Five things to include when designing a disabled-friendly home

Designing a disabled-friendly home from scratch can be pretty straightforward if you know what to include.

These projects often arise from litigation work and injury compensation settlements where people need new homes building or adaptations carrying out to ensure that they can still make the best of their house.

So here are five things for you to include in your designs to make sure the client’s every need is taken care of.

1/ Hoisting throughout the home

One key thing that you may want to include in your designs in an overhead hoist system. If the client is paralysed and cannot move around with ease, then a ceiling track hoist will give them the ability to carry out transfers between rooms and between different pieces of furniture.

Installing hoists is an easy way to create a disabled-friendly home and they can be designed to be as subtle as possible. The tracks can be recessed into the ceiling so they don’t hang below, and the hoist unit can be hidden away in a made-to-measure cupboard when it’s not needed.

You can also choose between a monorail system which provides direct point-to-point movement and a X-Y hoist layout that includes full room coverage. It all depends on what is best for your client.

Overhead hoist systems can be installed throughout the entire house if you wish to make it as accessible as possible. We can design a bespoke system for each room and connect them all so that your client can move throughout the house with no cumbersome transfers.

2/ Completed hidden hoist systems

If your client doesn’t need the coverage of an overhead system, then a completely hidden hoist solution might be a better option. The Integralift is the perfect solution.

This is a hidden hoist system that folds away in a cupboard when it’s not needed, and you wouldn’t even know it was there. The arm of the hoist extends from the top section of the cupboard and is perfect for facilitating smaller transfers to and from the bed.

A double bed with cabinets around the sides and across the top containing the Integralift.
The L-shaped cabinets around either side of the bed are actually Integralift hidden hoist systems. The hoist folds out from the top box and extends over the bed.

The Integralift is available in either an L-shaped cabinet layout or a complete bedhead system to suit your client. The cabinet can also be designed to include other things like LED lights, shelving, and even medical gases.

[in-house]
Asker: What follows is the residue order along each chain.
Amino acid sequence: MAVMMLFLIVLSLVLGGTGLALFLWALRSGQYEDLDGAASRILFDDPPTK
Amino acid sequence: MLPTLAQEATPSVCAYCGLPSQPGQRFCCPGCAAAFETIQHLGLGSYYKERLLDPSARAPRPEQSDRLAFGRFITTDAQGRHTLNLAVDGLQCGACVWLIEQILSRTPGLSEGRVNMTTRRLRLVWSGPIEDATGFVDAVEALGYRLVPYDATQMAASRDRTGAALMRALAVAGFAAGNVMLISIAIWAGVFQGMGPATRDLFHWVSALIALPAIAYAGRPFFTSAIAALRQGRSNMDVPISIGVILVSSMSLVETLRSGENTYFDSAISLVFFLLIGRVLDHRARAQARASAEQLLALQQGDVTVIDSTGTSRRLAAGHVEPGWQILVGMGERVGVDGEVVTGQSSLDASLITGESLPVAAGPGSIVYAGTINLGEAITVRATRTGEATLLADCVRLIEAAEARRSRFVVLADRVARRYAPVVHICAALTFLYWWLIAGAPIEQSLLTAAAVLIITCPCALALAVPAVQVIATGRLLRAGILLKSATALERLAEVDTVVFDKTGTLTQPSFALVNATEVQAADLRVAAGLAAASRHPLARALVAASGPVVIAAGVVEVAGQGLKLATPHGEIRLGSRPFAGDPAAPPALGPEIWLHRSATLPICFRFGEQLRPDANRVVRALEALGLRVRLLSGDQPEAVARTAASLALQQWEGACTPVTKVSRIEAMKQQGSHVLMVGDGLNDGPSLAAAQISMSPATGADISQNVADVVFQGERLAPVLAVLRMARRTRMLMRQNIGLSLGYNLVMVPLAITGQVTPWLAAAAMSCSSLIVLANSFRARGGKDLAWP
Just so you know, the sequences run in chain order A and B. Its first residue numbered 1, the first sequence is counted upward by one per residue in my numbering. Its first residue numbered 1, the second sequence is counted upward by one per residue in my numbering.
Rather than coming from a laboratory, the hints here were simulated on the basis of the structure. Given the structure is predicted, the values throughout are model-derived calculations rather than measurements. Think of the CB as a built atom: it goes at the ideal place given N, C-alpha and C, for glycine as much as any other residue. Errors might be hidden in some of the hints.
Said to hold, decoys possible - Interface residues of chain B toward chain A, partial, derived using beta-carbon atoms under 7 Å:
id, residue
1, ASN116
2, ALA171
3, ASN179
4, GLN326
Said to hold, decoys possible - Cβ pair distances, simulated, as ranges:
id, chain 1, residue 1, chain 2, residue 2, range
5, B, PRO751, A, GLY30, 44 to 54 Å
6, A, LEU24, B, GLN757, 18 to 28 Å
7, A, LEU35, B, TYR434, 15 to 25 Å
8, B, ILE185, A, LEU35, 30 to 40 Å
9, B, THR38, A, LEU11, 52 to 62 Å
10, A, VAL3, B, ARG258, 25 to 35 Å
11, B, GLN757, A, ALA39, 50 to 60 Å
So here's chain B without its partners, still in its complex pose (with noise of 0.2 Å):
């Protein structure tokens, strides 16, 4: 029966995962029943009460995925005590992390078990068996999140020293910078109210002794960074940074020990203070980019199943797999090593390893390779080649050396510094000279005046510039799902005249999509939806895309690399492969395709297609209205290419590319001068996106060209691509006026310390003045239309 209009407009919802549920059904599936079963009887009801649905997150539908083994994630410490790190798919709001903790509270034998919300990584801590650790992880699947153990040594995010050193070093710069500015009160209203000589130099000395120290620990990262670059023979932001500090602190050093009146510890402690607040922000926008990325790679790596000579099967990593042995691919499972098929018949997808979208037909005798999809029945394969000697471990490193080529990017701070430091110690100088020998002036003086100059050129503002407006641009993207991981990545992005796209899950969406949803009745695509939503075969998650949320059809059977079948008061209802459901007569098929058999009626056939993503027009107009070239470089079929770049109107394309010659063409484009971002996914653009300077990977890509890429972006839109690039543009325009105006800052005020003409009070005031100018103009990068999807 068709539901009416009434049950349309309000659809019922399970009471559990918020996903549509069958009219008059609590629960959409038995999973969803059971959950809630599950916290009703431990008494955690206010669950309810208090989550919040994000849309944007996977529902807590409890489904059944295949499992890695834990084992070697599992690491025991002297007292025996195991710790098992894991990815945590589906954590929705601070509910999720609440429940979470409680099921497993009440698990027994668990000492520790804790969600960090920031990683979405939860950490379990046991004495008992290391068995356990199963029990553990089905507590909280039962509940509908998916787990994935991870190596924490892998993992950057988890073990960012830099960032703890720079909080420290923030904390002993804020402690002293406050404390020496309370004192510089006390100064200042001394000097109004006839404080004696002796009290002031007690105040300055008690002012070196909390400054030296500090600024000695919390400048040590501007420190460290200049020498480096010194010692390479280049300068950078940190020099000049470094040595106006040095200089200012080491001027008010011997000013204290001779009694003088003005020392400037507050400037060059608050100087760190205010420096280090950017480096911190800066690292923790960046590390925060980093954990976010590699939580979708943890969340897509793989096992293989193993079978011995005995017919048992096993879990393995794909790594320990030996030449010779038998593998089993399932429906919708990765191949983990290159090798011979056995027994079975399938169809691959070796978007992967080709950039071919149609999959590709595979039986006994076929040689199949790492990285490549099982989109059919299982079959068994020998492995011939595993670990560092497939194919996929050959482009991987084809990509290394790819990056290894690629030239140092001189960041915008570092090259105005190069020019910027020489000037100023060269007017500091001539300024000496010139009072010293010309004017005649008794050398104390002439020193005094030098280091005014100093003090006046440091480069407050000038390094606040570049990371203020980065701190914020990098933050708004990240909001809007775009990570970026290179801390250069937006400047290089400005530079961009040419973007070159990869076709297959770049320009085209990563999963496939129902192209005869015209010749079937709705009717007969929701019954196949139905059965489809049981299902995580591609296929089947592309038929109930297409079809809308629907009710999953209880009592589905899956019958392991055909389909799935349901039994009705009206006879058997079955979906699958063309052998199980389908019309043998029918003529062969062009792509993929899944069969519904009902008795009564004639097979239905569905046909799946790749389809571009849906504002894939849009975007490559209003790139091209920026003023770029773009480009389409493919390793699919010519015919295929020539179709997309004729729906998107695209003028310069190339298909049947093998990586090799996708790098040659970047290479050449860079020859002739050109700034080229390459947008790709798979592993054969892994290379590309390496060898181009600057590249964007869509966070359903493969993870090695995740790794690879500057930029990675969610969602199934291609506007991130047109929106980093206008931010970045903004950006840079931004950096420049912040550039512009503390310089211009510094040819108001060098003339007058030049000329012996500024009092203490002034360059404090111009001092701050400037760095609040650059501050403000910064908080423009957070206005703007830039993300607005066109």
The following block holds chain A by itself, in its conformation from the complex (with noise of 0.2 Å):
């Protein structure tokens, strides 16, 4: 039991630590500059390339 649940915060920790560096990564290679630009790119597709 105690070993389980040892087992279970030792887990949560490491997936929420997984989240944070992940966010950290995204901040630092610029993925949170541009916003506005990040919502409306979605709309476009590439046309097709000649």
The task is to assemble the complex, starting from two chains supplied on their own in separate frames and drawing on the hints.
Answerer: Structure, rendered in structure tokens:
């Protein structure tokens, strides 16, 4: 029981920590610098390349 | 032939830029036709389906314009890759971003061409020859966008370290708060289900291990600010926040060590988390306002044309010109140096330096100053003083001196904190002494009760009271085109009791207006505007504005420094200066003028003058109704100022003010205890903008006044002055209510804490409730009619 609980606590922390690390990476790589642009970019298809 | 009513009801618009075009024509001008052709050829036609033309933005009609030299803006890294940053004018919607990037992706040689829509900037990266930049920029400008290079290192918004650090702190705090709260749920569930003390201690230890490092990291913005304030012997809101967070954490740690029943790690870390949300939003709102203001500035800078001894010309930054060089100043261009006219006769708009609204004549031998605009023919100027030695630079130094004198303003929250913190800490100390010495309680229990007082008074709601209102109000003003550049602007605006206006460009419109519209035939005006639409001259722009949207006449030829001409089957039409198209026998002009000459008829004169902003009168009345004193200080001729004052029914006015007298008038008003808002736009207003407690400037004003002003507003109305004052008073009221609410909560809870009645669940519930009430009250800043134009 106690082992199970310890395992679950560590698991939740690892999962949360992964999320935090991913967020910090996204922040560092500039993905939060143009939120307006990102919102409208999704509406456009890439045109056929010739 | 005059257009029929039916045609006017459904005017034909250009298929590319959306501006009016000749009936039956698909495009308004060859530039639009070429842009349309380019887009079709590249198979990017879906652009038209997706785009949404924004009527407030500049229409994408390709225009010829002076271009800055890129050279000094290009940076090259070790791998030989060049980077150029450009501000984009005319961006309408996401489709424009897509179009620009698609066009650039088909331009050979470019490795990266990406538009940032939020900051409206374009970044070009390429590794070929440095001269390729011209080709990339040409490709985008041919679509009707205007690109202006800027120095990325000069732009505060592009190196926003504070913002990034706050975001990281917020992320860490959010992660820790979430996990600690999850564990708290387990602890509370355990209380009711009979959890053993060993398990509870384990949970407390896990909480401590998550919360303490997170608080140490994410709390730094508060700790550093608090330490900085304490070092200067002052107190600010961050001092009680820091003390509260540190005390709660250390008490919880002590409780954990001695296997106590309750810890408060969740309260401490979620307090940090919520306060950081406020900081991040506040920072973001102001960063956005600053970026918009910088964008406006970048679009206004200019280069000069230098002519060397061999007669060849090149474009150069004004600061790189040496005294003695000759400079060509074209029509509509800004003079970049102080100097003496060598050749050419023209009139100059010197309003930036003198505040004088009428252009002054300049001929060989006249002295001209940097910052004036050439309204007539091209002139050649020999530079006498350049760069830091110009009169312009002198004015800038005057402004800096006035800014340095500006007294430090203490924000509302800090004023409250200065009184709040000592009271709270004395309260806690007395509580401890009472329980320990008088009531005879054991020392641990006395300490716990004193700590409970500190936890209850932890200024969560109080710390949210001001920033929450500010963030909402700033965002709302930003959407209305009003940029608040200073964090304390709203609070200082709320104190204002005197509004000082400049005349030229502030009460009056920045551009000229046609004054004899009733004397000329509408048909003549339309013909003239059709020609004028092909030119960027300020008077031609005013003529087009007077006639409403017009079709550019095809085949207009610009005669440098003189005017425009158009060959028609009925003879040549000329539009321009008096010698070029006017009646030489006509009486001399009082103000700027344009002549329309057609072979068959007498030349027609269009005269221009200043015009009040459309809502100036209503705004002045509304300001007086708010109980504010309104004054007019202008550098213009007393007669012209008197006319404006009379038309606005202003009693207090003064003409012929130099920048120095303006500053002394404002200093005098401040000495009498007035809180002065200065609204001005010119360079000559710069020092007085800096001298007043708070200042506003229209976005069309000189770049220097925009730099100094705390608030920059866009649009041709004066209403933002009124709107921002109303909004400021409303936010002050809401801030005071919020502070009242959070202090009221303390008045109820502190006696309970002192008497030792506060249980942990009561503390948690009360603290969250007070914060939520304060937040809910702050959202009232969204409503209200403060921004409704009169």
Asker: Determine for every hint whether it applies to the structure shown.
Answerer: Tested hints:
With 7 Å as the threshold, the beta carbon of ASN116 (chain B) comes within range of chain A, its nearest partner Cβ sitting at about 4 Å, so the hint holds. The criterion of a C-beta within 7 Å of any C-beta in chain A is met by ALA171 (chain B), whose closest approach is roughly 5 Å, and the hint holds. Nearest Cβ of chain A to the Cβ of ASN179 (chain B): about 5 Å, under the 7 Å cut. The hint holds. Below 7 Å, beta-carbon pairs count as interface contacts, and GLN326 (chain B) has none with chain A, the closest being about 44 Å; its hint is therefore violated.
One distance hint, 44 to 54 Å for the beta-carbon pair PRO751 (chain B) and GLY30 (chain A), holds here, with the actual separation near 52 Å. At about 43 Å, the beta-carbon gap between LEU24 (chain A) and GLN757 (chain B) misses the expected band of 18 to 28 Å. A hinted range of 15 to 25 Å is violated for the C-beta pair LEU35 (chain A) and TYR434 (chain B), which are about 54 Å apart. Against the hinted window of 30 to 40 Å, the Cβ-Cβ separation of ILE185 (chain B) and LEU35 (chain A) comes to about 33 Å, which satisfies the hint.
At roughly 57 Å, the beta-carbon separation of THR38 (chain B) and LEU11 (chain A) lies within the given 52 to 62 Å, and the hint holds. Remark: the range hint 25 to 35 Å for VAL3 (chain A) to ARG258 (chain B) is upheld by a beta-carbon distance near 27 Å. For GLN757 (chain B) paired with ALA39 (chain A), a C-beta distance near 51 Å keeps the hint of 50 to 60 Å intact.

It can also be supplied in a range of colours and wood finishes to suit any sort of interior design and décor.

3/ A through-floor lift

Hoist systems are fantastic for getting you from room-to-room, but you’ll still need something extra to go between different levels of the house (assuming it’s not a bungalow). A through-floor lift can help make a disabled-friendly home even better.

These lifts can also be supplied in all kinds of configurations, and you can choose different options for the flooring, control panel, and even the glass of the door itself. If the client wanted, the entire lift could be decorated with their most-treasured photo, cartoon characters, or their favourite sports team logo.

Some lifts are actually pretty compact and take us less space than a typical shower cubicle. This can be installed to span four floors of the home so that the client can make to most of the entire dwelling.

4/ Bespoke bathrooms

In any home, the bathroom is a place of relaxation – so why should a disabled-friendly home be any different? You can make sure that all the right equipment is specified so that your client has everything they need.

There are all kinds of specialist baths, toilets, and even height-adjustable sinks that can installed so that the user can access all the facilities with no problem. These can also be supplied in different finishes and configurations to blend in seamlessly with the design of the room.

A bathroom in a disabled-friendly home with an overhead hoist, specialist bath, changing table, and height adjustable sink.
Getting the right kit in the bathroom is imperative in designing a disabled-friendly house. Installing a X-Y system is a good idea in the bathroom because it gives you full room coverage.

The bathroom is a great place to include an overhead hoist system; specifically, a X-Y layout to give full room coverage. This means the client can be moved between different locations with no hassle.

5/ Hydrotherapy pools

If the client is undergoing some rehabilitation or has a physiotherapy plan that includes hydrotherapy, then a hydrotherapy pool is an excellent addition to the home. These can be made completely bespoke to fit in the house or any sort of extension.

For a single client to use in their own home, you could specify a pool as small as 3m x 2m, which would be enough to exercise and enjoy without being too large to maintain and take care of.

These hydrotherapy pools can also be designed with different features like air jets, colour-changing lights, sound systems, wave machines, and in-built treadmills. This will give the client a chance to exercise and some sensory stimulation without them even having to leave their house.

Summary

You might not need all five of these things when designing a disabled-friendly home, but they do help to make the house as accessible as possible for the client.

It really depends on the needs of your client and how much they want to include, but if you need any help with the designs, we’re here to help!

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